Scouts or guides in childhood found to boost mental health in later life, finds a study report from the Universities of Edinburgh and Glasgow.
Participation in extra-curricular activities would inspire children to learn new skills and encourage them to be active all through their life.
Children who participate in the organisations - which aim to develop qualities such as self-reliance, resolve and a desire for self-learning - are likely to have better mental health in middle age, the findings show.
‘Children who took part in Scouts or guides were at a lower risk for mental illness’
Such activities, which frequently involve being outdoors, also seem to remove the relatively higher likelihood of mental illness in those from poorer backgrounds, the results showed.
The findings were drawn from a lifelong study of almost 10,000 people from across the UK who were born in November 1958, known as the National Child Development Study.
Scientists from the Universities of Edinburgh and Glasgow, who analysed the data, found that those who had belonged to the scouts or guides tended to have better mental health at age 50.
Around one-quarter of study participants had been in the scouts or guides, and those were found to be around 15 per cent less likely to suffer from anxiety or mood disorders, compared with others.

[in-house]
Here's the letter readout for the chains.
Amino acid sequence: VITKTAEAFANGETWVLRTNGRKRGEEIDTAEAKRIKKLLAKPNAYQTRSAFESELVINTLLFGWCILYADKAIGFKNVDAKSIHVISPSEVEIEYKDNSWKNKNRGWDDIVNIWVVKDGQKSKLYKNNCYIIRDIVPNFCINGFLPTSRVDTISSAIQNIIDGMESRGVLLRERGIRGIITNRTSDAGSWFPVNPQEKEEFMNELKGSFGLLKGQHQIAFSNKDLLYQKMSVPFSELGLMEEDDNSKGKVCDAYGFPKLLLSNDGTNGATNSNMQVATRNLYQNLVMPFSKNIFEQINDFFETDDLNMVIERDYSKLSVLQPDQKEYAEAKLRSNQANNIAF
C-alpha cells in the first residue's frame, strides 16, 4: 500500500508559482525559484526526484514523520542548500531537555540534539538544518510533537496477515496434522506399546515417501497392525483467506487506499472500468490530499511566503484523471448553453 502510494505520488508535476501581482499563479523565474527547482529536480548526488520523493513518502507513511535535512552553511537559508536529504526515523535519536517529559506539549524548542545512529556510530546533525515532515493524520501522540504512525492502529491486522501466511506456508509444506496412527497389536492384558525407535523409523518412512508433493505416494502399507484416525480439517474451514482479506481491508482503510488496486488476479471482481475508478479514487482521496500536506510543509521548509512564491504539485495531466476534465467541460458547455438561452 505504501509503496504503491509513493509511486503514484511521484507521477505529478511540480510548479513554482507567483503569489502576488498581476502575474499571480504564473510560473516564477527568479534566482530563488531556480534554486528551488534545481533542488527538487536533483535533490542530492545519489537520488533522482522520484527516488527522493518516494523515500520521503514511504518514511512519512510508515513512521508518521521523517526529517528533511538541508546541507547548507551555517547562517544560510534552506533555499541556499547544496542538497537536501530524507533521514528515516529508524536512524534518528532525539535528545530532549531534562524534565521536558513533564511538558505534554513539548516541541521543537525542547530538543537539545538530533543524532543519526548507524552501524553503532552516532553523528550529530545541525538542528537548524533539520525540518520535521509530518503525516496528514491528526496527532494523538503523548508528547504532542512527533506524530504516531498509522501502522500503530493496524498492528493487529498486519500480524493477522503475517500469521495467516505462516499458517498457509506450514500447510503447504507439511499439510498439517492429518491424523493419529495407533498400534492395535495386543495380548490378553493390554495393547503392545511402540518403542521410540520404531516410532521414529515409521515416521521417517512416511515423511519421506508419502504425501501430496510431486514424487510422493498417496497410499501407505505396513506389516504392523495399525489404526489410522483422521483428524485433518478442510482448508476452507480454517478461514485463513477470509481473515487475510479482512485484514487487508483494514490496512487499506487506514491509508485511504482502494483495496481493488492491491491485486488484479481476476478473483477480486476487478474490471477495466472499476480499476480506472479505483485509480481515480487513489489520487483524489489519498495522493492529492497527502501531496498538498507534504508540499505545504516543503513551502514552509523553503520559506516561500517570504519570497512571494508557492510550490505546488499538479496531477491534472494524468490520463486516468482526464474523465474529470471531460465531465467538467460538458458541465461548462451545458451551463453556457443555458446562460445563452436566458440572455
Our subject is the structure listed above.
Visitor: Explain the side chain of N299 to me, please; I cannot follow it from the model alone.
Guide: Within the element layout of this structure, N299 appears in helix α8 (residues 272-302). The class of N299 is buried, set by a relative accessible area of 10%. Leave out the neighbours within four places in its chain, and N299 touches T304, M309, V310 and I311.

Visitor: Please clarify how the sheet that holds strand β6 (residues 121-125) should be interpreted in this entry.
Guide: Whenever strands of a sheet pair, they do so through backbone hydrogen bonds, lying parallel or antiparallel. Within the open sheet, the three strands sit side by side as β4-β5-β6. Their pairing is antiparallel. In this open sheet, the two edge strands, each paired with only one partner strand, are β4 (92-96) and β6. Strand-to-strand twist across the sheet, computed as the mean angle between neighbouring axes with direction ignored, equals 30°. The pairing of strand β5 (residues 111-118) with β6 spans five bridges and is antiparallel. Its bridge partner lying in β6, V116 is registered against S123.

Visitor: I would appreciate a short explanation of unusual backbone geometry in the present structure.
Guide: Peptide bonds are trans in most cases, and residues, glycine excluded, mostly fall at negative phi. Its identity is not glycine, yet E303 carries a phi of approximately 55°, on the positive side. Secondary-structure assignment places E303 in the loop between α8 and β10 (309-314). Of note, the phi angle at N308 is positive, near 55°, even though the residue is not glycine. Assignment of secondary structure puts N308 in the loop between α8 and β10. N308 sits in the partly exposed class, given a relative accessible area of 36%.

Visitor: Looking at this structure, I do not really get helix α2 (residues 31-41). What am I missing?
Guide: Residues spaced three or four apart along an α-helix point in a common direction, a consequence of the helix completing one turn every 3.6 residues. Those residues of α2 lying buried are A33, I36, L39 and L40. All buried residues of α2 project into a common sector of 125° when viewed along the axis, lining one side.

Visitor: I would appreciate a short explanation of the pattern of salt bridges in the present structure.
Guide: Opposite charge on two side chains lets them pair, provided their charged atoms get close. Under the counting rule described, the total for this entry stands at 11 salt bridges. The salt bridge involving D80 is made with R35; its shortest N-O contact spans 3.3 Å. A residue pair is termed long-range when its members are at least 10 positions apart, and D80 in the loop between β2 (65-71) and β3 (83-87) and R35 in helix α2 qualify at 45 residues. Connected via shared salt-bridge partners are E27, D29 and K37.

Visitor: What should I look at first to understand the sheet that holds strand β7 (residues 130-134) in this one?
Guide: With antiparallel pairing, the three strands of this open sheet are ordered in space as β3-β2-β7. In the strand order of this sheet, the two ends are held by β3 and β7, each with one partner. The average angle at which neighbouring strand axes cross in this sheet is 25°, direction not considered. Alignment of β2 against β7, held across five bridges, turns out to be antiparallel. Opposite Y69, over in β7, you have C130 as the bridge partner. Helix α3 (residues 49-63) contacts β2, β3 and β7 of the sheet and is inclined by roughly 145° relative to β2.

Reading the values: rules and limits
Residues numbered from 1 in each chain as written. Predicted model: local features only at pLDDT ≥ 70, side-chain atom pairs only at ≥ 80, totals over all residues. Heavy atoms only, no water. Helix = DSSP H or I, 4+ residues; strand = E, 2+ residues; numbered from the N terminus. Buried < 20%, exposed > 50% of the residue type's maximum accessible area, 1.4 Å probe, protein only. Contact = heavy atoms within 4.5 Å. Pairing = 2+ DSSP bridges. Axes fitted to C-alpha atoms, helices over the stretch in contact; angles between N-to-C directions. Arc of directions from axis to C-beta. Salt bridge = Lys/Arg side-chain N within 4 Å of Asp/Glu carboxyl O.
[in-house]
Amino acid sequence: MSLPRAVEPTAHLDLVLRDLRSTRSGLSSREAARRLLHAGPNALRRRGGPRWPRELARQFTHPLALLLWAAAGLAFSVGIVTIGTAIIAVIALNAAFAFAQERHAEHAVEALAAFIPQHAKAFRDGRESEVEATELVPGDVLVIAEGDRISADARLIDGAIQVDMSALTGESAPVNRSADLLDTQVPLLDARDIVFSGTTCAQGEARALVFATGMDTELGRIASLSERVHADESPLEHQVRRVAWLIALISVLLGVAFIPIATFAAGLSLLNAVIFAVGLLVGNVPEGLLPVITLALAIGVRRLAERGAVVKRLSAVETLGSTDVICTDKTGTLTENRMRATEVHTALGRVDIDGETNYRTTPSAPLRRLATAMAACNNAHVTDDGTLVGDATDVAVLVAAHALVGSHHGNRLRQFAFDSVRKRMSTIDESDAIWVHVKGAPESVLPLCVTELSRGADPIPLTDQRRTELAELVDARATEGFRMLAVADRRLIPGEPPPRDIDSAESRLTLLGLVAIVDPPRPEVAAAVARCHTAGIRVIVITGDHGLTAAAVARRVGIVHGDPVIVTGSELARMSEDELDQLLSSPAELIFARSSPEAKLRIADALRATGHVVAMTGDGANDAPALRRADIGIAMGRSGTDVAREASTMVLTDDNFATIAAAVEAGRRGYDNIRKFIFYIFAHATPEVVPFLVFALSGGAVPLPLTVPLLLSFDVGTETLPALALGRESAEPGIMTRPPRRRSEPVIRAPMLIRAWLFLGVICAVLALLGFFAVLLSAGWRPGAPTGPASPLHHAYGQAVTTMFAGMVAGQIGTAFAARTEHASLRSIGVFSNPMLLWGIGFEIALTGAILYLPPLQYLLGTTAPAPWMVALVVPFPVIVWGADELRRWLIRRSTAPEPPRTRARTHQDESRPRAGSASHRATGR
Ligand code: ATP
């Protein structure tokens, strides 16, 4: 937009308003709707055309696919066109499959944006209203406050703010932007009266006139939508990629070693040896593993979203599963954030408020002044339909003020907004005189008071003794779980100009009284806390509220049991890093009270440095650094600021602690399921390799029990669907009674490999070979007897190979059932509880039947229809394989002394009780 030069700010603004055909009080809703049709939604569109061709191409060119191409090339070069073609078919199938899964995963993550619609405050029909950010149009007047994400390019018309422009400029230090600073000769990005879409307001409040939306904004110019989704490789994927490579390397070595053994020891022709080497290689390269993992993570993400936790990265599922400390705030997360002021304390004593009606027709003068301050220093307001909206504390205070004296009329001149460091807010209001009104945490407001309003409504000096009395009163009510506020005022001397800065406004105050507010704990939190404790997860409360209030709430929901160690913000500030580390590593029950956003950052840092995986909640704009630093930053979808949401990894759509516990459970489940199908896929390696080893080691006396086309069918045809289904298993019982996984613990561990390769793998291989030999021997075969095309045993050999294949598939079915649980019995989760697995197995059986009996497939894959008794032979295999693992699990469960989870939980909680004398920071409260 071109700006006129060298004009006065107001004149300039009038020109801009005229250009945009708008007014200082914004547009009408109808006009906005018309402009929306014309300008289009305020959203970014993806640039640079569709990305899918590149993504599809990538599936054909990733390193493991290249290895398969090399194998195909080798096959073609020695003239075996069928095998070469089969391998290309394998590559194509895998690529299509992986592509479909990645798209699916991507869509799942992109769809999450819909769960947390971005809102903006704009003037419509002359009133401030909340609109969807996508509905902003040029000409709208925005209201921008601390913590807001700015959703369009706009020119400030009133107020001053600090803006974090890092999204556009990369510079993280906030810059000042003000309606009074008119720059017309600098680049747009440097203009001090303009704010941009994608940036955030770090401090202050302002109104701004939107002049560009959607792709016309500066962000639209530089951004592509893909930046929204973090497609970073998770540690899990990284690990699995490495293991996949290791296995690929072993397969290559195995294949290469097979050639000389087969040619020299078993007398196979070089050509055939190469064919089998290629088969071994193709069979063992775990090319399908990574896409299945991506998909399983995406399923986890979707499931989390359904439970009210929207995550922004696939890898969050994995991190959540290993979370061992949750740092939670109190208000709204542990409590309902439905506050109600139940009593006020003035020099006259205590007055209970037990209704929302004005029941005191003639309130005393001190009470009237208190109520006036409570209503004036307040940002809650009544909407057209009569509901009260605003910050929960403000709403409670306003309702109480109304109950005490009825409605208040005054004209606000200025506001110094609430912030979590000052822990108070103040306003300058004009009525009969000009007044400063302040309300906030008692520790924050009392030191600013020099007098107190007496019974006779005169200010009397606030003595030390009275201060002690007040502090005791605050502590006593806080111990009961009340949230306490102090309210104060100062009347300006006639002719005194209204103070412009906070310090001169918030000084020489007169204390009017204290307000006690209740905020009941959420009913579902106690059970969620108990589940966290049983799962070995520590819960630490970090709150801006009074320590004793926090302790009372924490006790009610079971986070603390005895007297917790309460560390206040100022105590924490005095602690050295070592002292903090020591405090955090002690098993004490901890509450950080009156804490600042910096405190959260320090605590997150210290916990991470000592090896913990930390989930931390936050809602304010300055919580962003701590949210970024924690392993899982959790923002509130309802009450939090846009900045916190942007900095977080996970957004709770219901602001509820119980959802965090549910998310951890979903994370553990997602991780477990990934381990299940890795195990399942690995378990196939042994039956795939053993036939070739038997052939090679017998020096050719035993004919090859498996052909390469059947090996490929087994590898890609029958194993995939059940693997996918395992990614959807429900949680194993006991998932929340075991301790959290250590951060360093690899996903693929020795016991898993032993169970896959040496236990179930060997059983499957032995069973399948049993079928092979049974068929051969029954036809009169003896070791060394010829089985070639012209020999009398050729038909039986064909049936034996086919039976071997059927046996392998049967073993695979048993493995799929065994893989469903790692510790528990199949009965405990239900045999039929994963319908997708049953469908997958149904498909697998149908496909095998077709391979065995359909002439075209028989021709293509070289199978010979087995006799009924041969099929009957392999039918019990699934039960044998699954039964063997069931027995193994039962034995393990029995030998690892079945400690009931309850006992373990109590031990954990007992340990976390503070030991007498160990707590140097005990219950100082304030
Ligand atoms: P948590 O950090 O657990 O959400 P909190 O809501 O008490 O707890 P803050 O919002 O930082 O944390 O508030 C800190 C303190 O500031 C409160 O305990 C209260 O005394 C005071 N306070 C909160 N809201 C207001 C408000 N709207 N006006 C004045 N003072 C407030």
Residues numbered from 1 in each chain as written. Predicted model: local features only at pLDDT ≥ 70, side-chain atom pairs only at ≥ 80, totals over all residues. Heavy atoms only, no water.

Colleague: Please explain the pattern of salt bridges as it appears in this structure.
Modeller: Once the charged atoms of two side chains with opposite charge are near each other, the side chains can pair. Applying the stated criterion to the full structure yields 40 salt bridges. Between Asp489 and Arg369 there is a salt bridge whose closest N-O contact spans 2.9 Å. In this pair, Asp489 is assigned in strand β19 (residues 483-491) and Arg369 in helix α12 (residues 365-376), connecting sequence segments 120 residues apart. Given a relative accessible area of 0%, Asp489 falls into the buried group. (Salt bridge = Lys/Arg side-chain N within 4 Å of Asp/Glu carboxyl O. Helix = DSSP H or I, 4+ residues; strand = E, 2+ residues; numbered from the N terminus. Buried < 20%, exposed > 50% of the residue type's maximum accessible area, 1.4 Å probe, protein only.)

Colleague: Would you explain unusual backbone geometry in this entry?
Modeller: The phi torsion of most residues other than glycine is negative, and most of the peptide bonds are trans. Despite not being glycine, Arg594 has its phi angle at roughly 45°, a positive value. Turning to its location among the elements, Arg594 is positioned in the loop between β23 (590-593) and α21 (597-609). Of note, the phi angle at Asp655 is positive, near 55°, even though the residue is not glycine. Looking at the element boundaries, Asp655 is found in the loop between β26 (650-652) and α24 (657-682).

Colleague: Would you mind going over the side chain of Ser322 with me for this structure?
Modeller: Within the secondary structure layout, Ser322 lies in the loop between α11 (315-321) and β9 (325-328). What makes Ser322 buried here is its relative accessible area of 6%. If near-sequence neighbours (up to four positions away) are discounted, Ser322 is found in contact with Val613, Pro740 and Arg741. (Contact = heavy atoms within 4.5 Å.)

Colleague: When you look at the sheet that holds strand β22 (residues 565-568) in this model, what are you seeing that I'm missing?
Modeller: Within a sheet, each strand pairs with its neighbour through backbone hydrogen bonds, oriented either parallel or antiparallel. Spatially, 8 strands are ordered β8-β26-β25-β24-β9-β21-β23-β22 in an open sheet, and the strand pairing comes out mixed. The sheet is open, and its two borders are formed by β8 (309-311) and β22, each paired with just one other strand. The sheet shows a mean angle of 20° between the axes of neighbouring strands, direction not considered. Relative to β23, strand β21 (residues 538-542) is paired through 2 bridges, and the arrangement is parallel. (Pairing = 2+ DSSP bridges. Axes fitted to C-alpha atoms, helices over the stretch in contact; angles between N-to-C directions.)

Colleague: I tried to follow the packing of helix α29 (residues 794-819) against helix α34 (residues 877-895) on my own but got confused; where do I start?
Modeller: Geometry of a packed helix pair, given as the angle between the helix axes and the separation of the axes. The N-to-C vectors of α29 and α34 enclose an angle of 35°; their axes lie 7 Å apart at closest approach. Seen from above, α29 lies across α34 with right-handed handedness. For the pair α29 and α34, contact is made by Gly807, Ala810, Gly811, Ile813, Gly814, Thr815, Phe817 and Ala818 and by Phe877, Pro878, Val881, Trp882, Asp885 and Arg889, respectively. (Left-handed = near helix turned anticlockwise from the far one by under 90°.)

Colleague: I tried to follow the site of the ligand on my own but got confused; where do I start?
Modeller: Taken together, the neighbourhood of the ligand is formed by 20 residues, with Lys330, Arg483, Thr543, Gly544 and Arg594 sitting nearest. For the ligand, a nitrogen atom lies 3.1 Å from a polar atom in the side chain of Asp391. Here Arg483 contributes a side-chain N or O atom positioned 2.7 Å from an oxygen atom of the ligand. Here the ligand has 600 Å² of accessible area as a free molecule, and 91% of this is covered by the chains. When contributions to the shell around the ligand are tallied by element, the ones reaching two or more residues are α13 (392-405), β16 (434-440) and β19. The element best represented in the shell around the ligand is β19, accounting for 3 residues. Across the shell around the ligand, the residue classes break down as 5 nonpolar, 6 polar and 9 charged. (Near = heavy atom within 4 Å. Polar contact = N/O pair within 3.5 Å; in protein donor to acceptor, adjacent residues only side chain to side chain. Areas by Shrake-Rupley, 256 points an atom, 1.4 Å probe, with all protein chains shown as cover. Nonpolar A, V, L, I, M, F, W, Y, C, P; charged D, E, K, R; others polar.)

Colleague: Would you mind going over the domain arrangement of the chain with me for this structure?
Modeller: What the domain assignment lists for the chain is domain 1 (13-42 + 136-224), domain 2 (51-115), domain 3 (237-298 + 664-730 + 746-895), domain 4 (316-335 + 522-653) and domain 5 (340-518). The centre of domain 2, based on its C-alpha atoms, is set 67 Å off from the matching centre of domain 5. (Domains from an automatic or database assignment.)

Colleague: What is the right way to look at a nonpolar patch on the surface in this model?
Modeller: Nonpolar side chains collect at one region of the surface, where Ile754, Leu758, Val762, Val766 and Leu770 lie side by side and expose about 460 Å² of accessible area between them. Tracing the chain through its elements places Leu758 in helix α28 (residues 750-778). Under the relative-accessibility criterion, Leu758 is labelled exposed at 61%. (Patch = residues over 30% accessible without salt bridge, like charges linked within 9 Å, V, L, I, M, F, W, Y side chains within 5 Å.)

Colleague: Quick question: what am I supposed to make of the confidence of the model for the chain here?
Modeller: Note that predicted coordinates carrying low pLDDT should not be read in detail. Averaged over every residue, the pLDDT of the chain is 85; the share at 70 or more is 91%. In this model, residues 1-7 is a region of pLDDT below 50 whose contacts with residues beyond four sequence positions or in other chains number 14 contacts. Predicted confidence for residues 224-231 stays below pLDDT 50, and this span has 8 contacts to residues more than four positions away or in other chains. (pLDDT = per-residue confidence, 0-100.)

Researchers say their findings suggest programmes that help children develop skills such as self-reliance and teamwork, and encourage being active outdoors, may have lifelong benefits.
Attending the guides or scouts may help build resilience against common stresses in life, or it may increase a person's chances of achieving more in life, so that they are less likely to experience such stresses, researchers suggest.
The study, supported by the Economic and Social Research Council, was published in the Journal of Epidemiology and Community Health.
Lead researcher Professor Chris Dibben, of the University of Edinburgh's School of GeoSciences, said: "It is quite startling that this benefit is found in people so many years after they have attended guides or scouts. We expect the same principles would apply to the scouts and guides of today and so, given the high costs of mental ill health to individuals and society, a focus on voluntary youth programmes such as the guides and scouts might be very sensible."
Professor Richard Mitchell, of the Centre for Research on Environment, Society and Health at the University of Glasgow, said: "Governments and health services around the world struggle to do something about the health gap between richer and poorer people, so this new evidence that being a scout or guide can help is very important."
Bear Grylls, Chief Scout of the Scout Association, said: "I am really proud that scouting provides young people with an opportunity to develop the skills they need to be resilient and deal with what life throws at them. Through initiatives such as our A Million Hands Campaign, the Scout Association is helping give young people the ability to develop mental wellbeing throughout their lives."
Emma Brodey, 18, a member of the Girlguiding Advocate Panel, said: "Girlguiding is, and for over 100 years now has been, for the girl. It offers a safe space where they can be themselves, build their confidence and escape from the ever-increasing pressures in their lives. Women tell us every week that their accomplishments and memories through Guiding have lasted throughout their lives, so it's amazing to see research showing the long-term benefits of being a member of Girlguiding."